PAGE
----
After a local character wrote in to the Barrington Times complaining about the scourge of women in yoga pants, a group of women from the Rhode Island community decided to march to his house for a yoga pants parade. “The parade is not about yoga pants,” organizers wrote on their website, “it is a positive response to casual sexism. It is a march of love of ourselves, and the love and support of each other regardless of size, shape, or wardrobe choice.”
Hundreds of people showed up on Sunday to march to the house of letter writer Alan Sorrentino, though participants insisted it was not an attack on Sorrentino himself. “We will not engage with ANY residents on the street in any negative way,” wrote organizer Jamie Burke. “Please do not come for a fight, you will be shut down.” Burke also said that Sorrentino declined an invitation to join the parade.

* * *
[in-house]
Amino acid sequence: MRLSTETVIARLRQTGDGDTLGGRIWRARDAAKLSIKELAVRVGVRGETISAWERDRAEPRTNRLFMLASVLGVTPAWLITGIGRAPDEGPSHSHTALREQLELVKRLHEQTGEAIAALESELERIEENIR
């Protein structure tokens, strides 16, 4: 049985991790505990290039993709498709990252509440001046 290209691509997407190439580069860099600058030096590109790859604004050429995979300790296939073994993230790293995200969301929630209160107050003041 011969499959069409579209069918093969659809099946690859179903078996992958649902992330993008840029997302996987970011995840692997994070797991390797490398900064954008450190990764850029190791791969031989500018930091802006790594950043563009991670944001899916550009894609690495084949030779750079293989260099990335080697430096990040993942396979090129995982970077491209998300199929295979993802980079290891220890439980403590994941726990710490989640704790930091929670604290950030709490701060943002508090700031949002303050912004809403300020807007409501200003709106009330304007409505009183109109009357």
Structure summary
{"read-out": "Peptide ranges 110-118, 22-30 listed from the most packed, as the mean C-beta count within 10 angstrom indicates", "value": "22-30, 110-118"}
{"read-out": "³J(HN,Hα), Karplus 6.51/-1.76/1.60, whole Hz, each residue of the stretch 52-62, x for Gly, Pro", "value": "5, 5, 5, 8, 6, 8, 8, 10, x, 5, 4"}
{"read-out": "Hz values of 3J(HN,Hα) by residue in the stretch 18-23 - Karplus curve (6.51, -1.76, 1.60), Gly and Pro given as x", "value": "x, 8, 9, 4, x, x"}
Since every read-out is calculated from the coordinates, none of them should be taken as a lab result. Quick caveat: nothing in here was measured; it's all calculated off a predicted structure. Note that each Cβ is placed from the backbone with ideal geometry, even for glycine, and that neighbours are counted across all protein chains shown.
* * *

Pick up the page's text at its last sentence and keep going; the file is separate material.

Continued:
In his original letter, Sorrentino claimed that, while cute on children, yoga pants are an outrage on “mature, adult women” or “someone coping poorly with their weight,” and told women wearing them in public that they flat-out look bad. After the backlash, he then told the Boston Globe that the letter “was supposed to be funny,” but that he has received death threats. He also said someone wrote in chalk outside his house identifying him as the resident (though he included his address in his original letter to the Barrington Times). He called this reaction “bullying.”
Well, maybe. But you know what else sounds like insulting, unnecessary behavior? Writing a letter that chastises an entire gender for their sartorial choices because you personally don’t find it attractive.